Hi, I'm Jennifer, owner and lead designer at Petals a floral design firm in Boulder, Colorado.  Along with my husband and two children, I  grow my own organic blooms using the greenest and most sustainable processes available.  

This blog is where I explore topics from floral design, wedding planning, organic farming and gardening, sustainable living, and our family's quest to find the perfect farm! 

I'm so glad you are here! 

Jennifer

Two easy to grow flowers that will fill your house with flowers all summer long!

Updated: Sep 25, 2019


Calendula (PhotoCred MorguefileMelodi2)

I. FOR EARLY BLOOMS: Calendula

Commonly is commonly known as marigold and is part of the daisy family. Recent breeding successes have resulted in a greater variety of colors and longer stems, allowing for the flowers to become more fashionable and usable as cut flowers. Requiring only 60 days to mature and cut-and-come again prolific nature, these flowers make an excellent choice for cut flower gardens. Calendula the word derives from the Latin form of calendar and means “little clock.”


Zones: Grow anywhere as annuals. 9 and above as perennials.

Type: Annual

Site: Full Sun

Days to Maturity: 60

Height: 18-20”

PlantSpacing:

Start indoors: 4-6 weeks before last frost, start seeds in trays indoors. Transplant outdoors only after all danger of frost has passed. Succession plant at 2-3 week intervals to stagger harvest.

Direct sow: Can direct sow after all danger of frost has passed. Succession plant at 2-3 week intervals to stagger harvest.

Pinch: when 8” tall

Harvest: Pick flowers during the coolest part of the day and when they are half way opened. Keep in water with flower food for an expected vase life of 6-7 days.

Where to buy:

For trendy and newer color choices including mauve, bronze and traditional cream, orange and yellow: https://shop.floretflowers.com/search?q=calendula&post_type=product

For super high-quality, brighter and more traditional color strains:

https://www.johnnyseeds.com/search/?q=calendula&lang=en_US

Indoor seed starting kit



Zinnia (PhotoCred MorguefileDee88)

II. FOR LATE SUMMER BLOOMS: Zinnia

Zinnia are my all time favorite flowers to grow from seed. Zinnia are super easy to grow, prolific, and come in a stunning variety of colors, shapes, and sizes. The only downside to zinnias is they have a longer “days to maturity” than some flowers and only really get to pumping out blooms in later summer (late July through August and if you are lucky with a late first frost, even into September or October). In an effort to get more flowers from my zinnia earlier and for longer, I always start my zinnias both indoors and direct sow. Honestly though, starting them indoors is more to satisfy my own desire to get my hands dirty as early as possible than anything else. I’m pretty sure all of my pre-work starting zinnia indoors does next to nothing to jump start blooms as by August I can’t tell a difference between the ones started inside in March and the ones direct sowed in May. Additionally, zinnias grown in indirect light or in the greenhouse do not develop as vibrant colors as those grown outdoors in direct light.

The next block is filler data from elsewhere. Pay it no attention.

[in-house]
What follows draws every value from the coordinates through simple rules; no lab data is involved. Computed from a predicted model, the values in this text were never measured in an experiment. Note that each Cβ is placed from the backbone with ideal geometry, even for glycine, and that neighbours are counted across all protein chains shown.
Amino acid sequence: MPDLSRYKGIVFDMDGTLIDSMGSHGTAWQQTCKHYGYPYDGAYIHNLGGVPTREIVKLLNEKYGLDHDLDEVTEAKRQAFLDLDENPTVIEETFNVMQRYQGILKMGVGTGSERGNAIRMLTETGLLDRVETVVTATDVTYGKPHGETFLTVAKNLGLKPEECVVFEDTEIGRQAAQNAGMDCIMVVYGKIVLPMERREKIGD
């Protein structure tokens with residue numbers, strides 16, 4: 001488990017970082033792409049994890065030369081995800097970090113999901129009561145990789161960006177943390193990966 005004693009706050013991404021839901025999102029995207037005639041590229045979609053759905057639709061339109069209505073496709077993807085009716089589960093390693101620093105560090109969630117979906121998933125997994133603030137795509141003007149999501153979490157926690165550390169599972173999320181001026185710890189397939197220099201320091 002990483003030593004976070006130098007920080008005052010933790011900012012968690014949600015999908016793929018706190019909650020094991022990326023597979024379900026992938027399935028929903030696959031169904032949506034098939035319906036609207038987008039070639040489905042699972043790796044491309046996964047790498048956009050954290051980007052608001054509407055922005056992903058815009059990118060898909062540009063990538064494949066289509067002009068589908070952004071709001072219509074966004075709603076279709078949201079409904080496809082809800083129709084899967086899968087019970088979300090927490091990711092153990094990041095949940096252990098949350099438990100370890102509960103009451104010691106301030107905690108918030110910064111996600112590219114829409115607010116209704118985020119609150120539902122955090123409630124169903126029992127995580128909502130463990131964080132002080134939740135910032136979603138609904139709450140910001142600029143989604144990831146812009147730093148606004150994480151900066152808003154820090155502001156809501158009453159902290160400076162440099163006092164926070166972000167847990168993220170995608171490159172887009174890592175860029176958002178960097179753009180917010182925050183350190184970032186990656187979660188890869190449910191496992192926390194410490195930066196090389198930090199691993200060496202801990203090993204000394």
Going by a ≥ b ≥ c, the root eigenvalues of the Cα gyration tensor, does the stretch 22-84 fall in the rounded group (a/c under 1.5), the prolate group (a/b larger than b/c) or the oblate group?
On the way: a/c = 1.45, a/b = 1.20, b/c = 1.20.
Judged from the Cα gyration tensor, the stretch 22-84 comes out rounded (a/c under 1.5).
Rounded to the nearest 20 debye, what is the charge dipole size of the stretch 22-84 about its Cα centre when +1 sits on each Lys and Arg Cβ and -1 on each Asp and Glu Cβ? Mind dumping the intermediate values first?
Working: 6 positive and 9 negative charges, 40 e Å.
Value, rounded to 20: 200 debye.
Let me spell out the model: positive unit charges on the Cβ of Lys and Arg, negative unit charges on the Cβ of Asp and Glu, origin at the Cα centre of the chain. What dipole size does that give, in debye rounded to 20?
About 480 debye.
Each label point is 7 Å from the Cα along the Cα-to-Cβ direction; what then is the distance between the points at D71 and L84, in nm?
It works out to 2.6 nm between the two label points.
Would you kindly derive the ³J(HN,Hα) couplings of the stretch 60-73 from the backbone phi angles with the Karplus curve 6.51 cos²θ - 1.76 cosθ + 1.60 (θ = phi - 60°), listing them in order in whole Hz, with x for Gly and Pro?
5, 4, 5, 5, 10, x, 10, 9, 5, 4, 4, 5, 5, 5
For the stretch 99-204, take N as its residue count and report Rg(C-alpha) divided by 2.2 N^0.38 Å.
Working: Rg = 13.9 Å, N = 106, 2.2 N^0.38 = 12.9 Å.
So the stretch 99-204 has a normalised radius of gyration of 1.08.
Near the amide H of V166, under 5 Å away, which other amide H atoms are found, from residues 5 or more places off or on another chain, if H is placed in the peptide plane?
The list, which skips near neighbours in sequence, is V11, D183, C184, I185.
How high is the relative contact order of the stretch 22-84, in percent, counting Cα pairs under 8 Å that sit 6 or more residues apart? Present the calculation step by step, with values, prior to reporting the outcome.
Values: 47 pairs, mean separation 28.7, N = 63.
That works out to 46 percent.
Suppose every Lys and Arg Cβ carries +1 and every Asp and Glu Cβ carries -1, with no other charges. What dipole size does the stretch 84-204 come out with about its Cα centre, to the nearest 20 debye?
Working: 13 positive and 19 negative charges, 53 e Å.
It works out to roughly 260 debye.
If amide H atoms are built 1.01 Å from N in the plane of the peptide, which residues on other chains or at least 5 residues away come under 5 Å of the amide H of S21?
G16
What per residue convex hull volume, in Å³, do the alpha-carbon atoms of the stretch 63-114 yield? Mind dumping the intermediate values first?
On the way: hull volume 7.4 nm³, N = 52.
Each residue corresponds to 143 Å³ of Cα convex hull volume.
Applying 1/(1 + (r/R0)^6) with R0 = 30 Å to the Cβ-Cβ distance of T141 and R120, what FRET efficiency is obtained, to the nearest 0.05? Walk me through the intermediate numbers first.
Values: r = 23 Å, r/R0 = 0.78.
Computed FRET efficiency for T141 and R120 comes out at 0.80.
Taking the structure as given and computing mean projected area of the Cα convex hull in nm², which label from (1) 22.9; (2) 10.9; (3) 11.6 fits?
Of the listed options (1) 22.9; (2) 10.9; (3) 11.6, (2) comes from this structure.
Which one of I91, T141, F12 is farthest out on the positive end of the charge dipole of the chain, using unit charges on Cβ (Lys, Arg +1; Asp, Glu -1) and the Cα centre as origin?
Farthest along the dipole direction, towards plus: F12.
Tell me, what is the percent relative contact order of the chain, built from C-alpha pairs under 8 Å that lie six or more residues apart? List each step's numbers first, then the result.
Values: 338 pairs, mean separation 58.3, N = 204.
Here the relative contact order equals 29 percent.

Zones: 4-10

Type: Annual

Site: Full sun

Days to Maturity: 75-90 days

Height : type dependent, up to 36” tall

Plant Spacing: 9-12 inches

Start indoors: 4-6 weeks before last frost, start seeds in trays indoors. Transplant outdoors only

after all danger of frost has passed.

Direct Sow: Can direct sow after all danger of frost has passed.

Pinch: when 10” tall

Harvest: Harvest in full bloom only once stem remains rigid when shaken. Will last up to 10 days in water with flower food.

Where to Buy:

For trendy and newer color choices but that tend to sell out quickly:

https://shop.floretflowers.com/collections/zinnia

For super high quality, brighter and more traditional color strains. The only drawback of purchasing seeds from this site is the $10 per order shipping fee:

https://www.johnnyseeds.com/flowers/zinnias/

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